Our job is to try to identify what it is that obscures understanding for our learners. With our questions, we poke and prod at the barriers and obstacles that cover up students’ understanding until one of those questions is able to force the “would-be prey” out from its hiding place. Consequently, the developing learner can now see the understanding, which allows them to catch it and swallow it whole.

Over the course of a relationship together with a trusted educator, the student starts to learn how to uncover that understanding for themselves. In their metaphorical spring, they fly away, now skilled enough and strong enough to hunt for understanding on their own.

Now that I have recognized this approach to teaching and learning, I can’t help but see that it surrounds me. It’s central to the tutorial process within the AVID system for learning, within which I have found myself as a tutor trainer and district supporter. It’s central to the process of instructional coaching, within which I have found myself as a model designer and “coach of coaches”. And as it relates to this context, it’s central to inquiry-based learning in science instruction, within which I have found myself as a “lead learner” and district team facilitator. When I think about the metaphor through that lens, it looks to me as if Dr. Bell has been a falconer in many more ways than just that literal card-carrying sense.

Technology in science education…redux

So how does this story help to answer the original question: What is technology’s role in science education?

If science education is, at its heart, an active learning process where students answer research questions through data analysis, then technology needs to serve as a tool to help in all aspects of that process. Not just access to others’ discoveries, but also to tools that help us make new discoveries. Not just in the providence of answers, but also in development of wonder. Technology needs to help our students to ask better questions. Technology needs to help our students plan and conduct investigations. Technology needs to help our students evaluate and communicate information. And of course, technology needs to help our students construct explanations.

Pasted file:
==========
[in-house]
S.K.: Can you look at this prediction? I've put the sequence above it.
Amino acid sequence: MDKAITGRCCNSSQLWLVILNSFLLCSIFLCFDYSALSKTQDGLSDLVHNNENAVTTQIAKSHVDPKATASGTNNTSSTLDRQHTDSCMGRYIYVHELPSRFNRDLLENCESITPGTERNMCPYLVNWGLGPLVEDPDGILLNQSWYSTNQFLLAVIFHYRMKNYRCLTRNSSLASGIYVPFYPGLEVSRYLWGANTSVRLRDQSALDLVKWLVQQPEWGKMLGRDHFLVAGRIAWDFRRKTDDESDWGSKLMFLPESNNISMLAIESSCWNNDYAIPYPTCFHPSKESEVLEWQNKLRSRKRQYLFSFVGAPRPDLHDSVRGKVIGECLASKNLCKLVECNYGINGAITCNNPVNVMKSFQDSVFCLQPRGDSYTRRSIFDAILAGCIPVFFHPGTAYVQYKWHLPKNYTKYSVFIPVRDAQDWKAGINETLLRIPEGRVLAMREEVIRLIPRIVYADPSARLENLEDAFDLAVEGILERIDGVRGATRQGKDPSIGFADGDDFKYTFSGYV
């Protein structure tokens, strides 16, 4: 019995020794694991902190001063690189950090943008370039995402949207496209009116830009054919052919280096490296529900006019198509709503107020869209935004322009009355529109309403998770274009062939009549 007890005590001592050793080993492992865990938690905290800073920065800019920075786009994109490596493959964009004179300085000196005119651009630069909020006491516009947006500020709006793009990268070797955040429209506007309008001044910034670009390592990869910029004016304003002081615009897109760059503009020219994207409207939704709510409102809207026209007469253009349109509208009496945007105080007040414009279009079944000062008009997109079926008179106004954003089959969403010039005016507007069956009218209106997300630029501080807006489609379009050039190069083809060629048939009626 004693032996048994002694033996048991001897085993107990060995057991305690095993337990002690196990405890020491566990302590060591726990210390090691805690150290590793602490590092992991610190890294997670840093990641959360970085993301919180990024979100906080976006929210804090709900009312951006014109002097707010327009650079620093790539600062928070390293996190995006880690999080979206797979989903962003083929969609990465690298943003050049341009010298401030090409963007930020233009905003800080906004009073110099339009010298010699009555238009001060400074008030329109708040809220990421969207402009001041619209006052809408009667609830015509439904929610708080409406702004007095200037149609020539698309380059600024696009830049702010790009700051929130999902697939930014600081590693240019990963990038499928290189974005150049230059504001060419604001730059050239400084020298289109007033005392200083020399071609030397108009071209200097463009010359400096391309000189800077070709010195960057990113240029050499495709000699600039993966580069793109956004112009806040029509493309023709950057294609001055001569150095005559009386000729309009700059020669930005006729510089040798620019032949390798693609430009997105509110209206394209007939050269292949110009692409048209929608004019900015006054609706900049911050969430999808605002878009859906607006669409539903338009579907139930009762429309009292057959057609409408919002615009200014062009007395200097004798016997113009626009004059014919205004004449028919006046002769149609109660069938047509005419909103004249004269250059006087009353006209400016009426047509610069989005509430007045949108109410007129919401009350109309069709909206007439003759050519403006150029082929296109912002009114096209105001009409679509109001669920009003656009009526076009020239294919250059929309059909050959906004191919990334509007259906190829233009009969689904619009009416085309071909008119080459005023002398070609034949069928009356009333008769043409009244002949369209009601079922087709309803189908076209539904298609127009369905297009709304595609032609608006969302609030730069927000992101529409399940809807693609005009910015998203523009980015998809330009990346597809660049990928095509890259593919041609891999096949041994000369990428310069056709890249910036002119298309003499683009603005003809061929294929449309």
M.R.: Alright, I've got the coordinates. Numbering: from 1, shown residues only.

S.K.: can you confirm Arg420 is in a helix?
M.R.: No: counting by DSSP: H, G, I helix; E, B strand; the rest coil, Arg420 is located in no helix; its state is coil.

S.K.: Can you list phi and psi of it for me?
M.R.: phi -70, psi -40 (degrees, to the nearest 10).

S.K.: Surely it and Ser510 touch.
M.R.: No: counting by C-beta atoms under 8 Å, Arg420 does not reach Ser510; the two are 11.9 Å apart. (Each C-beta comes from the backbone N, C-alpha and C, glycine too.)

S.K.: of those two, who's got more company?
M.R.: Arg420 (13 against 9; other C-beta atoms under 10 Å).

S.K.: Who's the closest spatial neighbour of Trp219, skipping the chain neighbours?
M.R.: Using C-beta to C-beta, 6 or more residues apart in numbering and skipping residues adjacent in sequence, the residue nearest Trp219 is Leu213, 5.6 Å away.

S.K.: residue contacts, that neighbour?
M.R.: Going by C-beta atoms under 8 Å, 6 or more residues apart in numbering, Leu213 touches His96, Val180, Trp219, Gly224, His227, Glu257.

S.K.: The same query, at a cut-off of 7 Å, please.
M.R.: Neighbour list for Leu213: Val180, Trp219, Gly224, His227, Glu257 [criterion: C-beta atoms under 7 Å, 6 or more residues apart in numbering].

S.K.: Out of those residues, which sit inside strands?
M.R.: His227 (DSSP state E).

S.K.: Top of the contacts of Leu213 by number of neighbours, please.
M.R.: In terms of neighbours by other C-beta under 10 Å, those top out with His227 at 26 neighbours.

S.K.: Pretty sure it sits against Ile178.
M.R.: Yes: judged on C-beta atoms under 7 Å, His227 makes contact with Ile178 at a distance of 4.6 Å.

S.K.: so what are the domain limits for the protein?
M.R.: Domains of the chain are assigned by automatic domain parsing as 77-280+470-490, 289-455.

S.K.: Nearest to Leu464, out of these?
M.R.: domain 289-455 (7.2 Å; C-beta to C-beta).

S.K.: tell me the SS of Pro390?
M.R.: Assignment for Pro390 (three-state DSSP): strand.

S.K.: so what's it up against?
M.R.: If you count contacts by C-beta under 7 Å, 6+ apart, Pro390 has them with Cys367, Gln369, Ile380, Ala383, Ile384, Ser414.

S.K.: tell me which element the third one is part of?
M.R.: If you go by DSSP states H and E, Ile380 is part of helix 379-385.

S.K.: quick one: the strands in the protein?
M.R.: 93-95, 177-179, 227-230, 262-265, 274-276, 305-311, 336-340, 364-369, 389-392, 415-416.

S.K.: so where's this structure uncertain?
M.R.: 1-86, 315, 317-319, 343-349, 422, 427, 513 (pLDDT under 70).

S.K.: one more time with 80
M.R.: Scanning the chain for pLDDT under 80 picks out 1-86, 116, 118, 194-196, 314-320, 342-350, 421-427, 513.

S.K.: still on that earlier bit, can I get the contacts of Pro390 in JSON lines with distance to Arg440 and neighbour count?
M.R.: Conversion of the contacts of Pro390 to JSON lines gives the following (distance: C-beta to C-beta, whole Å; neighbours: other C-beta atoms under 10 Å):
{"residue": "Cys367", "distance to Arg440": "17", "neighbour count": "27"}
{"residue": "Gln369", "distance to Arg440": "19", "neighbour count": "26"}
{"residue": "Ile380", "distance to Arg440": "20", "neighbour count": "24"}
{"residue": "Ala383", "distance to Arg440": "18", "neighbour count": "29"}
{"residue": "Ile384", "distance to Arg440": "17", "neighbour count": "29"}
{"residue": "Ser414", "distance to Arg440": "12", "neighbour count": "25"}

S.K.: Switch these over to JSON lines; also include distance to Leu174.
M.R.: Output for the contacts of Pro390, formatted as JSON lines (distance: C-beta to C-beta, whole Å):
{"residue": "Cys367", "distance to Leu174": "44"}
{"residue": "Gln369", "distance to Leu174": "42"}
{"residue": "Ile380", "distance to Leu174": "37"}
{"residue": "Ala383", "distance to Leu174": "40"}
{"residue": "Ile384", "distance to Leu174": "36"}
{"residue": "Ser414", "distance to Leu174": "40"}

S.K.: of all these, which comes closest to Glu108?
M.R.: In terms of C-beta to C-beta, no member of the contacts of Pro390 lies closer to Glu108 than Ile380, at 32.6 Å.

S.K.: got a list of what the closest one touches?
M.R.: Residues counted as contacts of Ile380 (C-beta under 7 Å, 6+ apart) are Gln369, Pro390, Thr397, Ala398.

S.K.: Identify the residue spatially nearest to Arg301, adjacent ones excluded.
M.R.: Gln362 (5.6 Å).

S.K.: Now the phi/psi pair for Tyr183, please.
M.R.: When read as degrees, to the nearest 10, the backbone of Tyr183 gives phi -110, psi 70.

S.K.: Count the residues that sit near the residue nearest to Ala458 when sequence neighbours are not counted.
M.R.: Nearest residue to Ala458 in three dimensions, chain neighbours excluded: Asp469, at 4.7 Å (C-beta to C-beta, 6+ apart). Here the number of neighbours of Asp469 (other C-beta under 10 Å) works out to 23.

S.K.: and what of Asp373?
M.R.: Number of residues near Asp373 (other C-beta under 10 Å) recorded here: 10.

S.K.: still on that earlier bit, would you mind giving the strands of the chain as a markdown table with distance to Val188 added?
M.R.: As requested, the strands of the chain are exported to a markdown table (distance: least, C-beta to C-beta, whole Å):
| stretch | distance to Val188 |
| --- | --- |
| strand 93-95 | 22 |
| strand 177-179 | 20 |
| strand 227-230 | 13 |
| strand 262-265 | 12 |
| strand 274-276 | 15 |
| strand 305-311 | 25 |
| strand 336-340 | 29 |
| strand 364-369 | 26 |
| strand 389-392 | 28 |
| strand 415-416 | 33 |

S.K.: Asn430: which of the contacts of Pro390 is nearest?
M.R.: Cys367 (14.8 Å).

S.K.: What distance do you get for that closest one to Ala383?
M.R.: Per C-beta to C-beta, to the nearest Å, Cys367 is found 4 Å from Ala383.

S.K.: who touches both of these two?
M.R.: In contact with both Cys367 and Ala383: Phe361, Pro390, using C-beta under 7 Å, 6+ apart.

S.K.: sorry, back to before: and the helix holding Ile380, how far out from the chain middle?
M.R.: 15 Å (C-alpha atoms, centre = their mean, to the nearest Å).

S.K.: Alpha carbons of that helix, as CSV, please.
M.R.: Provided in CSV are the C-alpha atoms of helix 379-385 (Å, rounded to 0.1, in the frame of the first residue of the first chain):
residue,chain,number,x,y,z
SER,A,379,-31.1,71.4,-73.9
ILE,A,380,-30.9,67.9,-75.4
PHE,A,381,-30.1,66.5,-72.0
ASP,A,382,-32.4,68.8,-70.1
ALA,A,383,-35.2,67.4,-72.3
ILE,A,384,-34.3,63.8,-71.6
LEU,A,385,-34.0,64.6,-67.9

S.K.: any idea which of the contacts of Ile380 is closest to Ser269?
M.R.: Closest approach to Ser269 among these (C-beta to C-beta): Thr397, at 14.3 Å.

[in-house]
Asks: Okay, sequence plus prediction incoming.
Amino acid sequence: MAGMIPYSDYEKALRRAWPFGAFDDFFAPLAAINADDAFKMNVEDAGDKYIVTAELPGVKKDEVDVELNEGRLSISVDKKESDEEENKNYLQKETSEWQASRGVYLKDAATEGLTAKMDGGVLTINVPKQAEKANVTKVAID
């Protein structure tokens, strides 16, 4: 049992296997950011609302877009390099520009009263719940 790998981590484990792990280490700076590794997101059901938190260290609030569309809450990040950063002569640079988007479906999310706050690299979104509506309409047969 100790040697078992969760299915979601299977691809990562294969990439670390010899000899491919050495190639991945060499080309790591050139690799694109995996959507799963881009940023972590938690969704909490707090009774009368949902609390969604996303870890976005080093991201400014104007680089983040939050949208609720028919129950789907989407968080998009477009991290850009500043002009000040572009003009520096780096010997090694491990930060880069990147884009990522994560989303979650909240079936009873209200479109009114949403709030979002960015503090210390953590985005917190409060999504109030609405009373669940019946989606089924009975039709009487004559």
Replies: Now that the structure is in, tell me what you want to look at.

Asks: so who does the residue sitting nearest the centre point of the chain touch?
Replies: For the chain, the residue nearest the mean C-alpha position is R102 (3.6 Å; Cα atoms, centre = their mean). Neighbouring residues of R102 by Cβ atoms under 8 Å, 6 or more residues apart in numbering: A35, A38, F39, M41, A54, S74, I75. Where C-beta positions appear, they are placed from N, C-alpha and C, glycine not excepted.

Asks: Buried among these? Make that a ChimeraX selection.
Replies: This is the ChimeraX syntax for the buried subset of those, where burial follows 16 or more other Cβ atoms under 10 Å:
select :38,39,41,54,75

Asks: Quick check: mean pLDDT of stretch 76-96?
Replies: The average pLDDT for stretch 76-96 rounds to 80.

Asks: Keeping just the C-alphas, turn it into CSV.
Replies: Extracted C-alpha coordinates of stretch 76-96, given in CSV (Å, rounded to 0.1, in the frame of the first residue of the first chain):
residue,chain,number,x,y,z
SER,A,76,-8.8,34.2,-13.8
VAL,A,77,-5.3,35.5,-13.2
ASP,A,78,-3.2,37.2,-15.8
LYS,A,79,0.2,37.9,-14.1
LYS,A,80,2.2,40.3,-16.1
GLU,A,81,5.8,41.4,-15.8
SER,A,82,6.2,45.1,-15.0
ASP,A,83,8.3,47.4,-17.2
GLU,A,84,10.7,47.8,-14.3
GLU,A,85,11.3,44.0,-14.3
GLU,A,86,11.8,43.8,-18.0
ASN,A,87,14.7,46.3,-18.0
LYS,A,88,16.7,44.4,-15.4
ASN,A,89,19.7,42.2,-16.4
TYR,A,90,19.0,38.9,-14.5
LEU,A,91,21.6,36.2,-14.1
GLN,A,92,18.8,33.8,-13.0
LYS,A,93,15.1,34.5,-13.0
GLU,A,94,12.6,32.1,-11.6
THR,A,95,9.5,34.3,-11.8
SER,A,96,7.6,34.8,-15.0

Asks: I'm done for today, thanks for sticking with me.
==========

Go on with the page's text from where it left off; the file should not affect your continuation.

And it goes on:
To borrow the falconry metaphor, these tools need to help our students become better hunters, and not just do all of the hunting for them. Using the tools to circumvent the learning process means that those students may not be equipped to survive those metaphorical winter months on their own.

Crossing the Chasm of Change

Organizational change from both sides of the chasmIt’s been in various stages of development from anywhere between the past several months and several years, and I think it’s finally in a place to publish officially here on the blog.